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Local systems as locally constant sheaves

\(\DeclareMathOperator{\LC}{LC} \DeclareMathOperator{\LS}{LS} \newcommand{\CA}{\mathcal{A}} \newcommand{\CB}{\mathcal{B}} \DeclareMathOperator{\Aut}{Aut}\)

Abstract.   Let \(X\) be a locally simply connected space. We prove that the categories of locally constant sheaves and local systems on \(X\) are equivalent.

Table of Contents

  1. Overview
  2. Proof
  3. References

1. Overview

  Let \(X\) be a topological space. Associated to any \(R\)-module \(M\) is a presheaf on \(X\), which is given by mapping every open subset to \(M\) and setting restrictions to be the identity map. The sheafification of this presheaf is called a constant sheaf on \(X\) and is denoted \(\underline{M}\). Consequently, a sheaf \(F\) on \(X\) of \(R\)-modules is said to be locally constant if for every point \(x \in X\), there exists a neighborhood \(U\) such that \(F \mid_{U}\) is a constant sheaf. This is equivalent to giving an open cover \(\{U_{\alpha}\}\) and \(R\)-modules \(\{M_{\alpha}\}\) which satisfy \(F \mid_{U_{\alpha}} = \underline{M_{\alpha}}\). We denote the category of locally constant sheaves of \(R\)-modules on \(X\) by \(\LC(X, R)\); it is an abelian category.

  Now let \(\Pi(X)\) be the fundamental groupoid of \(X\) with the operator \(\star\) of path composition. We call a functor \(L \colon \Pi(X) \to R\text{-Mod}\) an \(R\)-local system on \(X\). Morphisms between local systems are given by natural transformations of functors. Write \(\LS(X, R)\) for the category of \(R\)-local systems on \(X\); it is again an abelian category. The purpose of this note is to provide a proof of the following theorem.

Theorem.   Let \(X\) be a locally simply-connected space. Then the categories \(\LC(X, R)\) and \(\LS(X, R)\) are equivalent.

2. Proof

  Again assume \(X\) to be locally simply-connected. We are going to construct a pair of functors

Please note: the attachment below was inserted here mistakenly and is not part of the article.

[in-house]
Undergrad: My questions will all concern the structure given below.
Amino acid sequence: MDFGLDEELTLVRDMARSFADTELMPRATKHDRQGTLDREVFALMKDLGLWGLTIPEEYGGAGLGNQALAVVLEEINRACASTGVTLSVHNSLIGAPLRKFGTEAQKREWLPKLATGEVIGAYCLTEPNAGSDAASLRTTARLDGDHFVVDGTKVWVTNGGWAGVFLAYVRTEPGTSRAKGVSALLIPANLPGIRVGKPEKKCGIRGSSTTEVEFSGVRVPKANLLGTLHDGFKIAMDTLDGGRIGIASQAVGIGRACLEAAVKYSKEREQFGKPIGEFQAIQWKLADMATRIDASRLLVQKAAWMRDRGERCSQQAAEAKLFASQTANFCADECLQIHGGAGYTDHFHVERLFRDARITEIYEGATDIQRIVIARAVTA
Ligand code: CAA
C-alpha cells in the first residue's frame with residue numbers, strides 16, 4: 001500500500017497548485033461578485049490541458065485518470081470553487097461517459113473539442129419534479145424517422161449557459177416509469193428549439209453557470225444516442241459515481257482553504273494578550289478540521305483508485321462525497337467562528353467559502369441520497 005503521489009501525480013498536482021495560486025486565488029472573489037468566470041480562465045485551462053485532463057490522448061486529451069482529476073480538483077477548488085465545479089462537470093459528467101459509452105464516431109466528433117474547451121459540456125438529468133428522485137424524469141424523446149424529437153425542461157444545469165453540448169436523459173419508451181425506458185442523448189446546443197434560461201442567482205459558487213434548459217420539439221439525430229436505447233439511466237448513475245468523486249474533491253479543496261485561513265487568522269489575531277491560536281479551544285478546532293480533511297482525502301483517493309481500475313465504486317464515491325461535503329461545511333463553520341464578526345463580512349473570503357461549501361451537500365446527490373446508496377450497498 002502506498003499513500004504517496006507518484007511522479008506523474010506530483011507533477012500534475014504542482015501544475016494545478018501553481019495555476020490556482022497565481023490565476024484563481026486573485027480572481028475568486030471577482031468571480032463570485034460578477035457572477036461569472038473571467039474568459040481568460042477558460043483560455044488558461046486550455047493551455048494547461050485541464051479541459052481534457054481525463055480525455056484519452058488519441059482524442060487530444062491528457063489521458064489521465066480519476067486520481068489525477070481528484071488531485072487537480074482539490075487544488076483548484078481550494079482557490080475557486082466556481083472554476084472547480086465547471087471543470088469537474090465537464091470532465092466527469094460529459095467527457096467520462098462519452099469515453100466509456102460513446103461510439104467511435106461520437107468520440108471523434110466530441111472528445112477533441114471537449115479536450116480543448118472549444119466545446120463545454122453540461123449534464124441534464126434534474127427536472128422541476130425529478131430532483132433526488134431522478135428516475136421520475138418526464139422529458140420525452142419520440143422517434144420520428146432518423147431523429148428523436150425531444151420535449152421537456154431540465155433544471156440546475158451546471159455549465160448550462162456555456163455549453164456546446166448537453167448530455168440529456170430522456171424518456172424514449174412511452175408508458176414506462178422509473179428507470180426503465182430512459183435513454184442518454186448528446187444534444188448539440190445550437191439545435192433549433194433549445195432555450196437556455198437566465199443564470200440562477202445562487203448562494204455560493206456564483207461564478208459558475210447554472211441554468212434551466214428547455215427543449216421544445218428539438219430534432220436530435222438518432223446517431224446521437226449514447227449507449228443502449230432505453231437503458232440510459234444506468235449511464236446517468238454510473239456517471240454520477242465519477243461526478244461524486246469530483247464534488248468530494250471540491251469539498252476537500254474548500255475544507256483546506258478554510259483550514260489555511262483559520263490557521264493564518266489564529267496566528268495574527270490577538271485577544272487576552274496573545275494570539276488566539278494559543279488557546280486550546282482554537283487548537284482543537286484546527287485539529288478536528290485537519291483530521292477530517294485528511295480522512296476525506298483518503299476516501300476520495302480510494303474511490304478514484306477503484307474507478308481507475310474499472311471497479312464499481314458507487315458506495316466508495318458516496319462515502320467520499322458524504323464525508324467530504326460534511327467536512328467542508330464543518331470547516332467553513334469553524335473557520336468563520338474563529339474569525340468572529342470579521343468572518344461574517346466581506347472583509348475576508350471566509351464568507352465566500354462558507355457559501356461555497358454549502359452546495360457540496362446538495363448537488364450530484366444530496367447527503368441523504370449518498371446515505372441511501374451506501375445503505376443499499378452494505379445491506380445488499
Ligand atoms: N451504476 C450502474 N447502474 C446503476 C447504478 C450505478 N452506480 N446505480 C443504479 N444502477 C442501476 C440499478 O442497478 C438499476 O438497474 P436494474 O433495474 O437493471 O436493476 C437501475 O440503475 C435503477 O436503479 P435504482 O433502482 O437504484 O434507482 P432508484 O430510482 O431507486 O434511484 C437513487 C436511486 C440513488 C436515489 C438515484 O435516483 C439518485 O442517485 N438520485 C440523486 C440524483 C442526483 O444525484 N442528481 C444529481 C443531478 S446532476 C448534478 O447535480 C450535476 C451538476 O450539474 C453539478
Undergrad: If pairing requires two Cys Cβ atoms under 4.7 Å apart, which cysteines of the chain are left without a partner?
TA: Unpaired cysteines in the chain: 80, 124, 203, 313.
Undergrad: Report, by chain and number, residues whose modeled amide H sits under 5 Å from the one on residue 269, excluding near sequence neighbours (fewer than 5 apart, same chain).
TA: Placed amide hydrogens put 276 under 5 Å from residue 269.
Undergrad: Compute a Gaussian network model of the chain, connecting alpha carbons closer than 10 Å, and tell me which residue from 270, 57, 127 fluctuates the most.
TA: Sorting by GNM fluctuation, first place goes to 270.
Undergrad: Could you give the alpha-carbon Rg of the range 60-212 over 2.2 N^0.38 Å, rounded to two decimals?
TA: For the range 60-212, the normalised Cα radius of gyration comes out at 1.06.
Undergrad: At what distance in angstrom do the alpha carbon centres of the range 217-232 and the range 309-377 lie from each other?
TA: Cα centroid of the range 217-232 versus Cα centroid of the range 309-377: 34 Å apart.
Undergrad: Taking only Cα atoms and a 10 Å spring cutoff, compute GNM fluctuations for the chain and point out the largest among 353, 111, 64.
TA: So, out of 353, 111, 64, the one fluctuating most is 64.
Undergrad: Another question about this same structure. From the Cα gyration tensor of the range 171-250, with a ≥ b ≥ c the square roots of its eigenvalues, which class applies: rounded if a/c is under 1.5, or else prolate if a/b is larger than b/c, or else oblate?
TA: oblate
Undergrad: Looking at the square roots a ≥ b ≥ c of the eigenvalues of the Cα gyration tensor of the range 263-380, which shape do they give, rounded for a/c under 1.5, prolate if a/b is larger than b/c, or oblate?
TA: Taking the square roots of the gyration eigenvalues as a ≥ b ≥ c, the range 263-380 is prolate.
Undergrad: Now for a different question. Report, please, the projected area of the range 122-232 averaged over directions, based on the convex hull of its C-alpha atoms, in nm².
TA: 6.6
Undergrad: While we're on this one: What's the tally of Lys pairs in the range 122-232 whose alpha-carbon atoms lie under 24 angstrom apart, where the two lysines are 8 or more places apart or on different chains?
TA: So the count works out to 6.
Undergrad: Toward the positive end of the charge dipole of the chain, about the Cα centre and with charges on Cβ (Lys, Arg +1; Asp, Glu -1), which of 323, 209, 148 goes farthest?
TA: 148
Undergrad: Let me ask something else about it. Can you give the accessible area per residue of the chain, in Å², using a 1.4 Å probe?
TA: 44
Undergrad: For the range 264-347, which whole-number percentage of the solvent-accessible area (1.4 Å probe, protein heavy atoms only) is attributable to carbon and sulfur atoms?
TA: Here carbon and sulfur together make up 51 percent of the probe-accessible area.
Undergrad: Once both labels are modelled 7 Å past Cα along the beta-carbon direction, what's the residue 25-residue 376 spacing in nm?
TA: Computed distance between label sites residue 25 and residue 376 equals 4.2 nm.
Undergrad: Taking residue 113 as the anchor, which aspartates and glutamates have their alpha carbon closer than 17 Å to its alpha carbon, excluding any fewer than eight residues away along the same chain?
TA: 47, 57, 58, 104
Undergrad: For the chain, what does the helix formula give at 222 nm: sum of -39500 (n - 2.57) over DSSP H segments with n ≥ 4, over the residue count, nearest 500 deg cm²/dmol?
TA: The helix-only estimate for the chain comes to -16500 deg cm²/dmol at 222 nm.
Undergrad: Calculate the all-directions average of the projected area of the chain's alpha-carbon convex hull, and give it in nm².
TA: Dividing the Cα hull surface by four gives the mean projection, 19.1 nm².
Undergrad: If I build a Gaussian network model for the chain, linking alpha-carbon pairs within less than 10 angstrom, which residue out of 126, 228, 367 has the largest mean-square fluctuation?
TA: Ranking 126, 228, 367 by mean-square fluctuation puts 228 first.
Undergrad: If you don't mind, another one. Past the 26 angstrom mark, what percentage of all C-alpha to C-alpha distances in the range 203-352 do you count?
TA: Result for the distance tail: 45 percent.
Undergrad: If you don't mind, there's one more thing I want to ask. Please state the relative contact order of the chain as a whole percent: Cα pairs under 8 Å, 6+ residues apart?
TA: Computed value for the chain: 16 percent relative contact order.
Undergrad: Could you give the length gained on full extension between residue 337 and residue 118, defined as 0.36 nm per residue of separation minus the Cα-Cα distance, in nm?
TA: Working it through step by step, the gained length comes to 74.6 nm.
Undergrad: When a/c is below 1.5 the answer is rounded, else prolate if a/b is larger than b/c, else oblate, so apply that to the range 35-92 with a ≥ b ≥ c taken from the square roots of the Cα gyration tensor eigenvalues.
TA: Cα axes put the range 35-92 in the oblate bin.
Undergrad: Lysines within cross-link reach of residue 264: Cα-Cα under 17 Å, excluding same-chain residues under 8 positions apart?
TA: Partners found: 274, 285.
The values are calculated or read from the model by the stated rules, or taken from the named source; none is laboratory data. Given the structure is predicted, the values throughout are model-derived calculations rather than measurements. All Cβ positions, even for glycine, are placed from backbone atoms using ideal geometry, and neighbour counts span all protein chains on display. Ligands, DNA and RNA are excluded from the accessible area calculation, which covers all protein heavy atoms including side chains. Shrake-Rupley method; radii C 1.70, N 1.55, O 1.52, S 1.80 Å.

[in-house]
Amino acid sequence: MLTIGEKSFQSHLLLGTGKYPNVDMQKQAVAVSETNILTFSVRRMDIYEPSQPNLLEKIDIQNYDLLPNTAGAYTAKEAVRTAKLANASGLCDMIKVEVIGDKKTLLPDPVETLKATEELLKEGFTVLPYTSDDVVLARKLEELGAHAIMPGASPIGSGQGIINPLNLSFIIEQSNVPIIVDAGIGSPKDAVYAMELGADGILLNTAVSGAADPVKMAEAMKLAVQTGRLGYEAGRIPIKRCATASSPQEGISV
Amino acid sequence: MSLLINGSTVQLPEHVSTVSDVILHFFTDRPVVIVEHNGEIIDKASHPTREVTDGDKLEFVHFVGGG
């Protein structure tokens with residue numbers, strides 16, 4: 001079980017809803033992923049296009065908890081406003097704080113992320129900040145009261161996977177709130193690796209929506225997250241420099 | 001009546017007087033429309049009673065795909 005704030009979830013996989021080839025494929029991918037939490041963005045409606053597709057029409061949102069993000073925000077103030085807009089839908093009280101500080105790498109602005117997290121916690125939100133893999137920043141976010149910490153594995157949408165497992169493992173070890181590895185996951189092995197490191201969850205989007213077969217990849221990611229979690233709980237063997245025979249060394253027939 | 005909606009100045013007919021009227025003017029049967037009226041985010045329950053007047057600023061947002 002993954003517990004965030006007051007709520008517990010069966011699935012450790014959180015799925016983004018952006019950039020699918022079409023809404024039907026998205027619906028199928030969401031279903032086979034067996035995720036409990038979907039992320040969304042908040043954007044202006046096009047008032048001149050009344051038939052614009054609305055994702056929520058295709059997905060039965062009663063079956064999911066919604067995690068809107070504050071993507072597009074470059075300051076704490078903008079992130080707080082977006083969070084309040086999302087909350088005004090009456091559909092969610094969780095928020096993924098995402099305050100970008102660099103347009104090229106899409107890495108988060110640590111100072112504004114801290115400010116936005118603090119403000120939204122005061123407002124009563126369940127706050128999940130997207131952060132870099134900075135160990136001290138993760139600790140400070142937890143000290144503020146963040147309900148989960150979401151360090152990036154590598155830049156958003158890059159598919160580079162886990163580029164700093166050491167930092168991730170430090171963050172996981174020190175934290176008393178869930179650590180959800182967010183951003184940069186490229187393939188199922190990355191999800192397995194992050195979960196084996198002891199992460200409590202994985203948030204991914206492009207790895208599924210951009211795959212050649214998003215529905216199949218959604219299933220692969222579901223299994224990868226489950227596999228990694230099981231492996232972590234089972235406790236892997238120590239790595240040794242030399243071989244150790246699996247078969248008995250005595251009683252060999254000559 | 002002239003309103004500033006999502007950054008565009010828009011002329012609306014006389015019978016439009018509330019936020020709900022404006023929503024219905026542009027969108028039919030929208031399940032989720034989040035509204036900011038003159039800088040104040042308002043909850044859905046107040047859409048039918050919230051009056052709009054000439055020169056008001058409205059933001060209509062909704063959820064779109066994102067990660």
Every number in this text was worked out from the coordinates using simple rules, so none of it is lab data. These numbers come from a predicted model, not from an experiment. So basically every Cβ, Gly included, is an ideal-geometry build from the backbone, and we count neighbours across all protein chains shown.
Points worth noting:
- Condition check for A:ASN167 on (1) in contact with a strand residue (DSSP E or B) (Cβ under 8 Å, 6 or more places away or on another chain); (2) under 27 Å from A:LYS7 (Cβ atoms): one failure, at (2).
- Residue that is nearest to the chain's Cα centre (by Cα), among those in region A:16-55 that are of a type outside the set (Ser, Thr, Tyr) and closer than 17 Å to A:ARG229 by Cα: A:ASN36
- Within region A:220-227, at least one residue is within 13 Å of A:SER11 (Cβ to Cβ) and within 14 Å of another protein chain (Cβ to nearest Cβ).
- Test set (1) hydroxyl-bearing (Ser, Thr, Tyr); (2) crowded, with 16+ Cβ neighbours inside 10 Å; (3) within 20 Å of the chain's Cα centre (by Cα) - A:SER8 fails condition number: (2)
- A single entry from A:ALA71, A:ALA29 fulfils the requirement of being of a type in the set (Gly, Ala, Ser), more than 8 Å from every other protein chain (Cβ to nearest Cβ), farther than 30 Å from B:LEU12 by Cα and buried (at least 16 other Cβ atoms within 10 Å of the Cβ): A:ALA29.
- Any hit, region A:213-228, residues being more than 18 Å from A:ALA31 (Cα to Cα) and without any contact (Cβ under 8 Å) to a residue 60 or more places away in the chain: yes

\[\begin{aligned} \CA & = \LC(X, R) \to \LS(X, R) \\ \CB & = \LS(X, R) \to \LC(X, R) \end{aligned}\]

which induce a categorical equivalence. Our proof can be generalized semi-locally simply connected spaces, cf. [1]. In the sequel, by an \(R\)-module we mean a left \(R\)-module equipped with the discrete topology, unless specified elsewise. We are not assuming coverings to be path-connected. In particular, a cover is universal if every other path-connected cover factors through it.

  A continuous map \(f \colon Y \to X\) is called étale if it is a local homeomorphism. For any sheaf \(F\) we define étale space of \(F\) as the bundle

\[p \colon \coprod_{x \in X} F_x \to X,\]

where elements of \(F_x\) are mapped to \(x\). This map is indeed étale: for any germ \((U, m)\) the set \(\coprod_{x \in U} \{m\}\) is homeomorphic to \(U\). The utility of this construction is that the sheaf of sections of \(p\) is isomorphic to \(F\). Hence, it is not hard to show that the categories of étale maps with codomain \(X\) and of sheaves of sets on \(X\) are equivalent, cf. [5, ch.2, §6].

  In the case that \(F\) is locally constant, its étale space is a covering. Indeed, let \(U\) be a neighborhood of \(x\) such that \(S \mid_U = \underline{M}\). Then the étale space restricted to \(U\) takes the form \(p \colon U \times M \to U\), which is a cover by the assumption that the topology on \(M\) is discrete. If we assume that \(X\) is locally connected, then this condition is also sufficient.

Lemma 1.   Let \(X\) be a locally connected space. A sheaf \(F\) of \(R\)-modules on \(X\) is locally constant if and only if its étale space is a covering.

Proof. Suppose the étale space of \(F\) is a covering. Then every point \(x \in X\) has a neighborhood \(U\) such that the restriction is \(p \colon U \times M \to U\). Assuming \(U\) to be connected implies that the sections of this map are constant since the topology on \(M\) is discrete, and thus our sheaf is constant on \(U\). \(\blacksquare\)

Lemma 2.   A locally constant sheaf on a simply connected space is constant.

Proof. Let \(X\) be a simply connected space with \(F\) locally constant. Then by lemma 1 the étale space of \(F\) covers \(X\). The only covers of a simply connected space are a discretely indexed copies of itself, and hence we can write our étale space in the form \(p \colon X \times M \to X\). Since \(X\) is connected, the sections of this map are constant, meaning our sheaf is constant. \(\blacksquare\)